Helpless at the end, all Alex Smith could do was watch

The Chiefs wasted the chance Thursday night to command the AFC West (0:53)

The Chiefs wasted the chance Thursday night to command the AFC West (0:53)

OAKLAND, Calif. -- Alex Smith did about all he could reasonably do to get the Kansas City Chiefs a victory Thursday night. He threw for 342 yards and three touchdowns, and the Chiefs led the Oakland Raiders by six points when he left the field for the last time.

But he wasn't out there when the game was ultimately decided. The Raiders drove 85 yards in the final 2 1/2 minutes, the touchdown that gave them a 31-30 victory coming as time had expired.

The feeling was for Smith as helpless as it might sound. The back and forth of the final five plays was extreme. The Raiders lost one TD on a video review and another on a pass interference penalty. The Chiefs lost what would have been two game-ending incomplete passes to holding penalties.

Then came Michael Crabtree's 2-yard touchdown pass from Derek Carr. No penalties, but there was a lengthy video review to determine that it was indeed a touchdown.

"Just watching, just rooting," Smith said. "You're a fan at that point, rooting for our defense. There were so many close plays out there.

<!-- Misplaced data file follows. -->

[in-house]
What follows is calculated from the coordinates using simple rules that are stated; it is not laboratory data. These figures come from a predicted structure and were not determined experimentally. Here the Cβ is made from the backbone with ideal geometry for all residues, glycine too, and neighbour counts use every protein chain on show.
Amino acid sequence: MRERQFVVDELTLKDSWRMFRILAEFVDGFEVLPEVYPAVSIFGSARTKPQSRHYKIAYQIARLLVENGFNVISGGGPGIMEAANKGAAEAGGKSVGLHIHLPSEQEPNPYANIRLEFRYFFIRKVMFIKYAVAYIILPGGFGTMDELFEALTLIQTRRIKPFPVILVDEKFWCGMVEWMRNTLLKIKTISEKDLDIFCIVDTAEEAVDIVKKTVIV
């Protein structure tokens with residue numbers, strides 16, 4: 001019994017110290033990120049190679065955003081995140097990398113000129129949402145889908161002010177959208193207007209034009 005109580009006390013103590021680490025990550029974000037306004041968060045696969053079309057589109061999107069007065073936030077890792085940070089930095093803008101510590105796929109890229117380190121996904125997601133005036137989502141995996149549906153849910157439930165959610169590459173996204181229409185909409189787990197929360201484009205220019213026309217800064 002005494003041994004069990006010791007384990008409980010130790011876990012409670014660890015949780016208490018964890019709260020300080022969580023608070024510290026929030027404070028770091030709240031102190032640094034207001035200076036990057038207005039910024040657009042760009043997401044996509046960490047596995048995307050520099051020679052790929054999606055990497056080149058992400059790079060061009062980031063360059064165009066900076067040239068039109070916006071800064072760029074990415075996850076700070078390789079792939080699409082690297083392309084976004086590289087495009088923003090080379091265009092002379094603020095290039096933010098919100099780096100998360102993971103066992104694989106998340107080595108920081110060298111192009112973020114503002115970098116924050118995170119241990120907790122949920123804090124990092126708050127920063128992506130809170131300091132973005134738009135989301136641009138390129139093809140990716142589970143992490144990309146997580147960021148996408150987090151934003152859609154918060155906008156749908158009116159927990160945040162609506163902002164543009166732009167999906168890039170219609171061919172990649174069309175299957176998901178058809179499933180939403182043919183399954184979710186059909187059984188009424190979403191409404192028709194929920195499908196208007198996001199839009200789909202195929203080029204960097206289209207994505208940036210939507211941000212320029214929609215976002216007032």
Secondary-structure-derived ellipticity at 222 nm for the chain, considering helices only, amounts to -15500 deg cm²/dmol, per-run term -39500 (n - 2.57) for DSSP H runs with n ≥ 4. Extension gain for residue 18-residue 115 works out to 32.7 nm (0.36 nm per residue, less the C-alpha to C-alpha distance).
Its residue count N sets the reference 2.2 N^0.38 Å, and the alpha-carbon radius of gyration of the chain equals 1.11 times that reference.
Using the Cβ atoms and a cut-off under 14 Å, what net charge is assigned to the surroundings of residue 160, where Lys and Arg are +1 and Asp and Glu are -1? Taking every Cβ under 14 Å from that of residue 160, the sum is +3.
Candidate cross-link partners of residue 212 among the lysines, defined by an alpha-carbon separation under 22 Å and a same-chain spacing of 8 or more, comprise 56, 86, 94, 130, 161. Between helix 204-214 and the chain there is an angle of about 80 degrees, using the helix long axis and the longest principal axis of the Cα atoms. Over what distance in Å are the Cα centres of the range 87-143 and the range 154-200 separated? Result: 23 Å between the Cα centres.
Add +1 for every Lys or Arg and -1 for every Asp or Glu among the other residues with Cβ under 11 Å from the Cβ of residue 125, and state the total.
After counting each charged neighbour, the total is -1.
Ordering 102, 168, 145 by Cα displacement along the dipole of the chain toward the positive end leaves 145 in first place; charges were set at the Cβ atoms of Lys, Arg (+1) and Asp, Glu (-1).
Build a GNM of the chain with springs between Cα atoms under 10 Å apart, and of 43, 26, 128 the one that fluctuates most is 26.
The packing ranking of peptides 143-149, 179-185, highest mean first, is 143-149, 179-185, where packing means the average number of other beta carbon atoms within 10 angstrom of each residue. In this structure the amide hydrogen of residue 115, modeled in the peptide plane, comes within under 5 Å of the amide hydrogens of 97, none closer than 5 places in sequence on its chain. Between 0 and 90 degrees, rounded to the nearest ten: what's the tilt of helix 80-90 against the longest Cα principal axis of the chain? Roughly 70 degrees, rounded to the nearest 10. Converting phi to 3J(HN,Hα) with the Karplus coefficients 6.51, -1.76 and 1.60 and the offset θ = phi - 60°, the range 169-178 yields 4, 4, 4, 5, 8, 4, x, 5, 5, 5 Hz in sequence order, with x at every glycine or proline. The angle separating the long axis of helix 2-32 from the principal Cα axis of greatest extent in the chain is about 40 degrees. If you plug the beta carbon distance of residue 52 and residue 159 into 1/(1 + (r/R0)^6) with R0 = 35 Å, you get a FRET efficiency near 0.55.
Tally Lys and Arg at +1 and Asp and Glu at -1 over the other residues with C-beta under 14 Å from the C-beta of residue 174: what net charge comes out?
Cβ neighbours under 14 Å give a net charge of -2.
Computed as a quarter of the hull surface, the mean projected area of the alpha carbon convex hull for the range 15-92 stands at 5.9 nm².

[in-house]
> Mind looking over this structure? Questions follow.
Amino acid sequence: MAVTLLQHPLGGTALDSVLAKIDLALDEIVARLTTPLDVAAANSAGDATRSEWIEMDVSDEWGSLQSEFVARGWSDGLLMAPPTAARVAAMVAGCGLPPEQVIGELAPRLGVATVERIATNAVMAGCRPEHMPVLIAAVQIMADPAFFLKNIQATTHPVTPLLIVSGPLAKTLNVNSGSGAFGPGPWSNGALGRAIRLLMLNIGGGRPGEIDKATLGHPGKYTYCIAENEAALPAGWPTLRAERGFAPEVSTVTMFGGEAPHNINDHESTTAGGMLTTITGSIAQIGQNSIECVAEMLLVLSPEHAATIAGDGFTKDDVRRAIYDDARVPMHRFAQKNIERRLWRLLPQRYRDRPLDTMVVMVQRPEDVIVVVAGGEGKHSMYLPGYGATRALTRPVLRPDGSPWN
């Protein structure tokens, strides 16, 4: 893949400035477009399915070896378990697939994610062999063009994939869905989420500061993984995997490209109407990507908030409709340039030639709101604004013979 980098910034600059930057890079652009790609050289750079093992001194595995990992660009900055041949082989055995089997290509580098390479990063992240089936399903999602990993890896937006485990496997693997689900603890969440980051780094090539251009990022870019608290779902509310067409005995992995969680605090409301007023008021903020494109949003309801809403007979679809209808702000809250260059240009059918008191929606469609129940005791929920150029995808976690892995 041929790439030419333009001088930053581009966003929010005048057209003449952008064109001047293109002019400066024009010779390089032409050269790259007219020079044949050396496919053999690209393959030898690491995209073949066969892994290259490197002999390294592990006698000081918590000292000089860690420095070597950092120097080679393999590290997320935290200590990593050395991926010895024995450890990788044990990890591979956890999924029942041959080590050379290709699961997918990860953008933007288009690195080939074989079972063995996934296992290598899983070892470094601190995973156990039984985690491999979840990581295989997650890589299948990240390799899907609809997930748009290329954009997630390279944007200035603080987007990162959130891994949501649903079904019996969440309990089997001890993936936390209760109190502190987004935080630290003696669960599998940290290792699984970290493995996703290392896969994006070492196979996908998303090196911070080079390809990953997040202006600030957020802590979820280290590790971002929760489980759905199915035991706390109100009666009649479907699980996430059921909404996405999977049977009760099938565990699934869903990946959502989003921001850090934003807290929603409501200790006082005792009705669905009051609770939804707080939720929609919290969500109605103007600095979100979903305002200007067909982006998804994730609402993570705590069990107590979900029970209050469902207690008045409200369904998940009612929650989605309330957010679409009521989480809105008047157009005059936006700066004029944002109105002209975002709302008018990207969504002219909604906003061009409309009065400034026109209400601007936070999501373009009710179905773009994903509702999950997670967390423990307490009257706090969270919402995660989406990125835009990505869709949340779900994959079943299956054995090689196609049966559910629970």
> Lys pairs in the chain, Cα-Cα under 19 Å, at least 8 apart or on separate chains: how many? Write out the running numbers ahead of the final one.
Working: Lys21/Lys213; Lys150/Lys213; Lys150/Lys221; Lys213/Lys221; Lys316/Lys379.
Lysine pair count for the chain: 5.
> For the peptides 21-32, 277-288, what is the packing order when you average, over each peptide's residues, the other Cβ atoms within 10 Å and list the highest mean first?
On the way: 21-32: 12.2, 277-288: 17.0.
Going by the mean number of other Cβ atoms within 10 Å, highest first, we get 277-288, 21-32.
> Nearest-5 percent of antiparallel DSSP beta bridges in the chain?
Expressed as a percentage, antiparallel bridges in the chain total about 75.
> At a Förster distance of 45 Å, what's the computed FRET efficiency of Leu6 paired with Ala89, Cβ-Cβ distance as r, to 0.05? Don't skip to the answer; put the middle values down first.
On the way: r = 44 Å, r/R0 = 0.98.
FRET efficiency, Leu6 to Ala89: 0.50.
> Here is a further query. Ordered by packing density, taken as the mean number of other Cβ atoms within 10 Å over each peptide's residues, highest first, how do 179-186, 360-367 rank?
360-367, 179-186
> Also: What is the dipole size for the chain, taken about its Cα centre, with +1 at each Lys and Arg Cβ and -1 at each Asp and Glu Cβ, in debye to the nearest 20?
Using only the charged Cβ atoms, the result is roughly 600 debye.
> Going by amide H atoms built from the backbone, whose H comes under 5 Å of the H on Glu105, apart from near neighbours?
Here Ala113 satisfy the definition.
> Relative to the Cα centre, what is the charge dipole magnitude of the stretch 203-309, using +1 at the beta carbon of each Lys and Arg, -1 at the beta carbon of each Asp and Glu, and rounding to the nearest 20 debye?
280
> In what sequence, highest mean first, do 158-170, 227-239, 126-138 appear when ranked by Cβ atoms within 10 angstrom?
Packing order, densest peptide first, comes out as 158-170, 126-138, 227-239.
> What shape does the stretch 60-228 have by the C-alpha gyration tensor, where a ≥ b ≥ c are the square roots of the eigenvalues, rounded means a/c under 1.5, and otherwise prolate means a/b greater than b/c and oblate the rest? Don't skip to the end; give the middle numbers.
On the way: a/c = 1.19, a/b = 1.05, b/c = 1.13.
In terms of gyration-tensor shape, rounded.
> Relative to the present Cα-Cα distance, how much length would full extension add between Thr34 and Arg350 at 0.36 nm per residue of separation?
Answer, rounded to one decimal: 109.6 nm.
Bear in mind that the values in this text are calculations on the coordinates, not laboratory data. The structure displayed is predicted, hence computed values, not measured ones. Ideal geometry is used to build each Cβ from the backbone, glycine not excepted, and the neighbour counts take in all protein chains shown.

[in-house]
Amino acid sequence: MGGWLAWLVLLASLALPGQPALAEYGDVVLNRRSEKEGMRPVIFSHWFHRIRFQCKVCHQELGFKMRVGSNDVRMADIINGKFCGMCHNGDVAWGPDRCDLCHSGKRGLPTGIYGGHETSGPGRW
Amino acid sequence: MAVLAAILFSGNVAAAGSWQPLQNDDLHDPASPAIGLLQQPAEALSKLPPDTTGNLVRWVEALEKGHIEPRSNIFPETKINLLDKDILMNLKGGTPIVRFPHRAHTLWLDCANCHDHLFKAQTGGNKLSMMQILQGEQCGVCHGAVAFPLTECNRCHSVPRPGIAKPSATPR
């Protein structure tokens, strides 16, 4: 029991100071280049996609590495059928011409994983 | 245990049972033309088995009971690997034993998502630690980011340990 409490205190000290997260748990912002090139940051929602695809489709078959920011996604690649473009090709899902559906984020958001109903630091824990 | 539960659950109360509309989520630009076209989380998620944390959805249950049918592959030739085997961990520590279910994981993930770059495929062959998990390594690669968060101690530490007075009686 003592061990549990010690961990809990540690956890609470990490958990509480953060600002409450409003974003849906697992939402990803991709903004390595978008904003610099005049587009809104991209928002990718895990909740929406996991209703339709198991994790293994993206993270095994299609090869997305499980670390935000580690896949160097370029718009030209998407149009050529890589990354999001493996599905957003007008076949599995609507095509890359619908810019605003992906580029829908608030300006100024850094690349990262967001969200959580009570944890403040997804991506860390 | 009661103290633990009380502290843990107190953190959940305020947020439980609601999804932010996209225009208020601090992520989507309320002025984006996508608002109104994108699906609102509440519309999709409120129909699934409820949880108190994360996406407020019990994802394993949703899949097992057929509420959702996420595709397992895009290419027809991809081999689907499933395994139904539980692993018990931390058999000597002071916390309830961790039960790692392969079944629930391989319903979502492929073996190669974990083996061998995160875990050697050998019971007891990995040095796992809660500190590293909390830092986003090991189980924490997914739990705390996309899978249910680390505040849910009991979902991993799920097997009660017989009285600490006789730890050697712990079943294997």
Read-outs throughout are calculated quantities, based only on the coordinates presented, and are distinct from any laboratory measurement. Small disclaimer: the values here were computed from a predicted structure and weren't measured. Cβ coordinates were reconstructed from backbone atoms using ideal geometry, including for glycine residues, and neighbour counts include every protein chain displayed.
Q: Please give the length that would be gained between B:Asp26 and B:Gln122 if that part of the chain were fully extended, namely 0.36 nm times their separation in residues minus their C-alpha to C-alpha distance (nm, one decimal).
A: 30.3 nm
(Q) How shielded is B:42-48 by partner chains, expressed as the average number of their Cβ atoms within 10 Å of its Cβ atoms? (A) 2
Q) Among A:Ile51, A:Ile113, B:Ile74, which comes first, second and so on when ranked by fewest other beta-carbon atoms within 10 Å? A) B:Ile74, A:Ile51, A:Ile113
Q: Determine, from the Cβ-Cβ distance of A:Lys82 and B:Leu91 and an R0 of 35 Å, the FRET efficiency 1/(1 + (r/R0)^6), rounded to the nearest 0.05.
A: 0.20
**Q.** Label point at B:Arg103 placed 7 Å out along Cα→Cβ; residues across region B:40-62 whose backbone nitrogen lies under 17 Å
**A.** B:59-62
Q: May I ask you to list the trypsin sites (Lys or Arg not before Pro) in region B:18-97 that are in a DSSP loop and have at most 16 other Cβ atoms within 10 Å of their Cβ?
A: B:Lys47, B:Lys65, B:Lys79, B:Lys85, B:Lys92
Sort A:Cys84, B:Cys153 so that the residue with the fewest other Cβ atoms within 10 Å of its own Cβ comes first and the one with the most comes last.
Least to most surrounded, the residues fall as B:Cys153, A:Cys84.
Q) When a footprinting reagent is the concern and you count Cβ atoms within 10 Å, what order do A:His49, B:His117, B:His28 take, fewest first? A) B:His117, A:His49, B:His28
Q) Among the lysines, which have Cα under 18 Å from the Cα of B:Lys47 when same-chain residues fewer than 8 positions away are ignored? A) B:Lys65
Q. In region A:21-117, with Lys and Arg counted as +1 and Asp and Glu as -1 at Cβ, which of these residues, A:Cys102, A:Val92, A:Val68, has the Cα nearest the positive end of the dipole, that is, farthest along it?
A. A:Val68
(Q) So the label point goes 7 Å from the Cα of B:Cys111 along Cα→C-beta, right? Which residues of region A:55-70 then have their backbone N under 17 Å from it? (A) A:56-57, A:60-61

"Several times they're thinking [the Chiefs had won]. How could you not? Multiple times you were thinking, we lost it, we won. We lost it, we won it."

Like many of his teammates, Smith was frustrated by some of the officials' calls. Oakland wide receiver Amari Cooper appeared to push Chiefs cornerback Terrance Mitchell on his 38-yard touchdown catch early in the game.

Then the Chiefs were penalized on those back-to-back plays immediately before the winning score.

"I hate seeing all the flags at the end," Smith said. "I think that's the one thing, [that] you want to let your guys play and you don't want the refs involved as much as possible. That second-to-last play, the ball got thrown out of the end zone and they called defensive holding and it's not even close to the play.

"Obviously, flagrant things have to be called. There are rules. You have got to play to the rules, no question. I think there was a bunch of contact all night with balls that went downfield. If you wanted to, you could find a foul on every play."

The ending ruined an otherwise big game from Smith, who until the Chiefs lost their lead appeared only to bolster his already strong case to be NFL MVP. Smith didn't throw an interception, and two of his three touchdown passes went for more than 60 yards.

But Smith's play Thursday night turned out to be something less than the big story.

"There's no time to reflect," Smith said. "You're coming off a loss. You're in the middle of the season. All of that stuff means nothing at this point. That's for after the season."